Flooding in Ein Avdat, Photo: Dudu Greenspan

On the other hand, the director of tourism in Mitzpe Ramon, Yoash Limon, goes against the excessive fears of the floods and believes that the strict approach may also harm the movement of travelers in the area. “You need to calm the pressure and hysteria a bit,” he emphasizes, “Guys, are you crazy? In Ramon Crater and Ein Avdat, the floods are beautiful and impressive, and they are part of nature. When the Paran River flows, huge desert areas close; Half a Negev! Tourism is being harmed here. “

Of course, it is not only in the south that the problem of floods is encountered: the flooding of the Ayalon River in winter has become an integral part of the cold season. Many remember the floods in the winter of 1992-1991, which closed the Ayalon lanes and stopped hundreds of vehicles. The warnings of the experts and the State Comptroller did not prevent the phenomenon from recurring, albeit on a smaller scale, in 2003, 2013 and 2018. The state is currently promoting a solution for collecting rainwater (a system for storing water that will prevent flooding of lanes), but it is not clear how reliable it is and how long it will take to complete it.

Get the little ones used to the new routine – and get ready for the mood

The transition to winter time can create difficulties for some families – especially among children, who are more sensitive to changing routines. In the first week after moving the clock, the need arises to adapt to the new hours of sleep, and also to the darkness that precedes falling and can sometimes cause concern in the little ones.

“Winter is not just about moving the hands of the clock,” explains Dalia Cohen, director of early childhood education programs at the National Community Center Society. The mediation of the transition and the understanding that it is worth giving up the sandals in the coming months – may prevent arguments with the children who have become accustomed to what summer has to offer. Therefore, take them to buy an umbrella, a coat and boots, so that they can take part in the preparation process. “

The solution for children: to gradually implement change, Photo: Yehoshua Yosef

The cold weather also often leaves the family at home, a situation for which, according to Cohen, “children especially lack the time to spend outside and play with friends. Therefore, we planned ‘play dates’ in friends’ homes, and remember that Closed. “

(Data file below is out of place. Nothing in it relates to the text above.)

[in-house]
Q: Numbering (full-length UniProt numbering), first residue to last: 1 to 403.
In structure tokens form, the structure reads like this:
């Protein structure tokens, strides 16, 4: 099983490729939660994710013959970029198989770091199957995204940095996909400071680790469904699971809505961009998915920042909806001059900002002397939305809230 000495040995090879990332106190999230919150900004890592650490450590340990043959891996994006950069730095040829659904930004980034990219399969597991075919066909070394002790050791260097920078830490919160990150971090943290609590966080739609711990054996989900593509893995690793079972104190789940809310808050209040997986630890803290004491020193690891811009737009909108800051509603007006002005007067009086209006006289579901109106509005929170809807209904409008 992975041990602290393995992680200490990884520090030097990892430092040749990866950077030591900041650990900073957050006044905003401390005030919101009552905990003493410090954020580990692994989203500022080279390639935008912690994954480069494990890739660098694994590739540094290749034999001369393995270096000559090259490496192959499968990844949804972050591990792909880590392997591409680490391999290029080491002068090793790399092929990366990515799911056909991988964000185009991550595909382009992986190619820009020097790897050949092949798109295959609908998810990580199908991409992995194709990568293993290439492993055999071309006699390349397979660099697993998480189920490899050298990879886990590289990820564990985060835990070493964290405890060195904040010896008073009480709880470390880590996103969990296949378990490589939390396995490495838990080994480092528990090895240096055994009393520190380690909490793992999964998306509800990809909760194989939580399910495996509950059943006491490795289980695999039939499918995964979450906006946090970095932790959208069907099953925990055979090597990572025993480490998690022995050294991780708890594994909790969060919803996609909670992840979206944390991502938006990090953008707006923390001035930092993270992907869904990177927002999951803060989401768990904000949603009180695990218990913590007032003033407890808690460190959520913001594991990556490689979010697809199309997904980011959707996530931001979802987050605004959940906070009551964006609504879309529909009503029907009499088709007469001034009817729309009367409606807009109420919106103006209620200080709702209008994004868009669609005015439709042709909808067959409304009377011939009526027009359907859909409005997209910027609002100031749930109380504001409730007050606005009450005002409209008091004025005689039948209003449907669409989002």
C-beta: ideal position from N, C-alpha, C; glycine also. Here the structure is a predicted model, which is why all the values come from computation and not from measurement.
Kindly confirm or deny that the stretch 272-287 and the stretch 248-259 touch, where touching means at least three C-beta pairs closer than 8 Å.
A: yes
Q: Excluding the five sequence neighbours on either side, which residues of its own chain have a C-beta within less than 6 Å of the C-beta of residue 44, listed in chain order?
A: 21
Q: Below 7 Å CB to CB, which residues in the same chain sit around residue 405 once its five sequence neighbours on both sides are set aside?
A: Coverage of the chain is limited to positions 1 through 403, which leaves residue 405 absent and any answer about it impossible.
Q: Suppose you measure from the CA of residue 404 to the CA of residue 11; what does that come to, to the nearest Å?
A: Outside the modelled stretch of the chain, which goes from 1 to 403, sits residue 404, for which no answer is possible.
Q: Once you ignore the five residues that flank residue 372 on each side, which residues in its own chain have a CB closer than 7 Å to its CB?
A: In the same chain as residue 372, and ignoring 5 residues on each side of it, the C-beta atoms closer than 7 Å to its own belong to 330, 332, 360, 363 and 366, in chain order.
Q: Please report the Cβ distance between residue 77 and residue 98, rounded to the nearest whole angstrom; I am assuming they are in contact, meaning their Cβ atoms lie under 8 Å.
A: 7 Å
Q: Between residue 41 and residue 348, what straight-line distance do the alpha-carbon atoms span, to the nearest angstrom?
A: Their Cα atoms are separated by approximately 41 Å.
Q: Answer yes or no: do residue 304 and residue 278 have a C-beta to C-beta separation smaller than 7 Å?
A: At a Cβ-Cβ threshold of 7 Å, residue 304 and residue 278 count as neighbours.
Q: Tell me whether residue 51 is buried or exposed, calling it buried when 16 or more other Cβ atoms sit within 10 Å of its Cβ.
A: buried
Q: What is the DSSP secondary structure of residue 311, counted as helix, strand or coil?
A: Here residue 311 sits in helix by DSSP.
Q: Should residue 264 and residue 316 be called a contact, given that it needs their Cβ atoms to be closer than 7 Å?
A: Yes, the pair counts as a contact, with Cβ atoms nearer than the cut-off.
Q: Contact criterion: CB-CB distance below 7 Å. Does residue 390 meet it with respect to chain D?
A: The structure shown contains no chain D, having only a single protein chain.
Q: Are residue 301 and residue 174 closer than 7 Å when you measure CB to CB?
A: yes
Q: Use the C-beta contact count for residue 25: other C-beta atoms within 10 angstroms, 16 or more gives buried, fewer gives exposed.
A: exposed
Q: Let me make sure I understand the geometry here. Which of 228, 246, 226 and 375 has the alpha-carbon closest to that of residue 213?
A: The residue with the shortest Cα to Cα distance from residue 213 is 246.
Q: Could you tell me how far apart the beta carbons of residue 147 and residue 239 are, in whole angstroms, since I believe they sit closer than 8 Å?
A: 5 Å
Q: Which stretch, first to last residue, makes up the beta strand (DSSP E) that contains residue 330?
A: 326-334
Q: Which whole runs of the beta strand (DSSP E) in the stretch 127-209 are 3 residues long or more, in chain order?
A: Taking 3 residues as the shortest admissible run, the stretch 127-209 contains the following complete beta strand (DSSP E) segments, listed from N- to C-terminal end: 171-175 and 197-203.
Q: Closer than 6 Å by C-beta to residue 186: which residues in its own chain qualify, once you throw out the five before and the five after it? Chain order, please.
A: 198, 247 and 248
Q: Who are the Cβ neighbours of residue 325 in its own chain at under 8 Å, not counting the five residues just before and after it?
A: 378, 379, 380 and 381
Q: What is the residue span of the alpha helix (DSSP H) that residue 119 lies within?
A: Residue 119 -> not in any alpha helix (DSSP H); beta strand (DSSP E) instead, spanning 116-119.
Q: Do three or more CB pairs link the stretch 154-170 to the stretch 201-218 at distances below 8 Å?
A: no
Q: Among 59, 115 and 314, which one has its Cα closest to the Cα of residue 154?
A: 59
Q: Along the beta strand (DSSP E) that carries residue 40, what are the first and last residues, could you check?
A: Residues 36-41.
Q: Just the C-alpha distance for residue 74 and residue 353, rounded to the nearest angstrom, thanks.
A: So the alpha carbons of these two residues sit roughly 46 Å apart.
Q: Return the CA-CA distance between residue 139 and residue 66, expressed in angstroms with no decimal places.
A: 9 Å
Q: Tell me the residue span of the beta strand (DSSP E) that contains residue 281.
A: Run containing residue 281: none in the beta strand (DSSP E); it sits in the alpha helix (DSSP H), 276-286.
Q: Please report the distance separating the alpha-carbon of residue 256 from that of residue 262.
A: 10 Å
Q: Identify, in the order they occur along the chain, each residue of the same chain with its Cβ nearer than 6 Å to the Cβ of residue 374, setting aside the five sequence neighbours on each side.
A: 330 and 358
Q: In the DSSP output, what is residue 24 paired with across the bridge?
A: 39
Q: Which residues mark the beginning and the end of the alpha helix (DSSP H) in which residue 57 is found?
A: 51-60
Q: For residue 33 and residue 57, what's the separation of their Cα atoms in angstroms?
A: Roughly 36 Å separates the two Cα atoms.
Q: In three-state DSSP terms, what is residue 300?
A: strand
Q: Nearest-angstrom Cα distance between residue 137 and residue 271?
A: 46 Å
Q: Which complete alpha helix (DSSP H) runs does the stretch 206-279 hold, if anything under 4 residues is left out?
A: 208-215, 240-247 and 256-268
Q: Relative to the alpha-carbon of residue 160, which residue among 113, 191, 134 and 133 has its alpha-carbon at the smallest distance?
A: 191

Cohen adds that “in the winter, getting up in the morning and getting organized is more difficult. Do yourself a favor and reduce the stress by leaving more time to prepare. In general, you should talk to the children about the reasons for switching to winter time or daylight saving time. “.

And how should the little ones in the children be helped to cope with the new routine? “Children may experience a change in mood due to the change in waking and sleeping times,” Cohen explains. “Babies may even experience a kind of ‘mini-jet.’ .

The chance of power outages is very low – but not nil

The winter and its damage should not surprise the IEC at all. Or as Oren Hellman, the company’s vice president of service, puts it: “We have been dealing with winter for 100 years. We are very organized and know what to check. In the fall and spring we are strengthening the power generation units and power plants in anticipation of extreme weather damage. We invest NIS 3 billion a year in strengthening the infrastructure. “

No less than they invest in routine maintenance, the IEC focuses on informing citizens and emphasizing safety regulations. “Last week we launched a campaign that explains that our electricity network is very good, but there is not 100 percent – still, there are 70,000 power lines spread throughout Israel.” According to Hellman, Israel’s position in the field of electricity network deployment is better than is customary in developed countries. “With us, the consumer experiences three hours of power outages a year, including half an hour of proactive outages for repairs.”

IEC workers make repairs in the snow, Photo: Archive, IEC

In the United States, according to data from the US Department of Energy, power outages average an average of four hours a year for all electricity consumers, including initiated outages and excluding unforeseen events such as disasters.

Participated in the preparation of the article: Shlomi Diaz, Meital Yasur Beit-Or, Ilya Yagurov, Dan Lavie, Noam (Devol) Dvir, Eran Bar-Tal and Ihali Yaakovi-Handelsman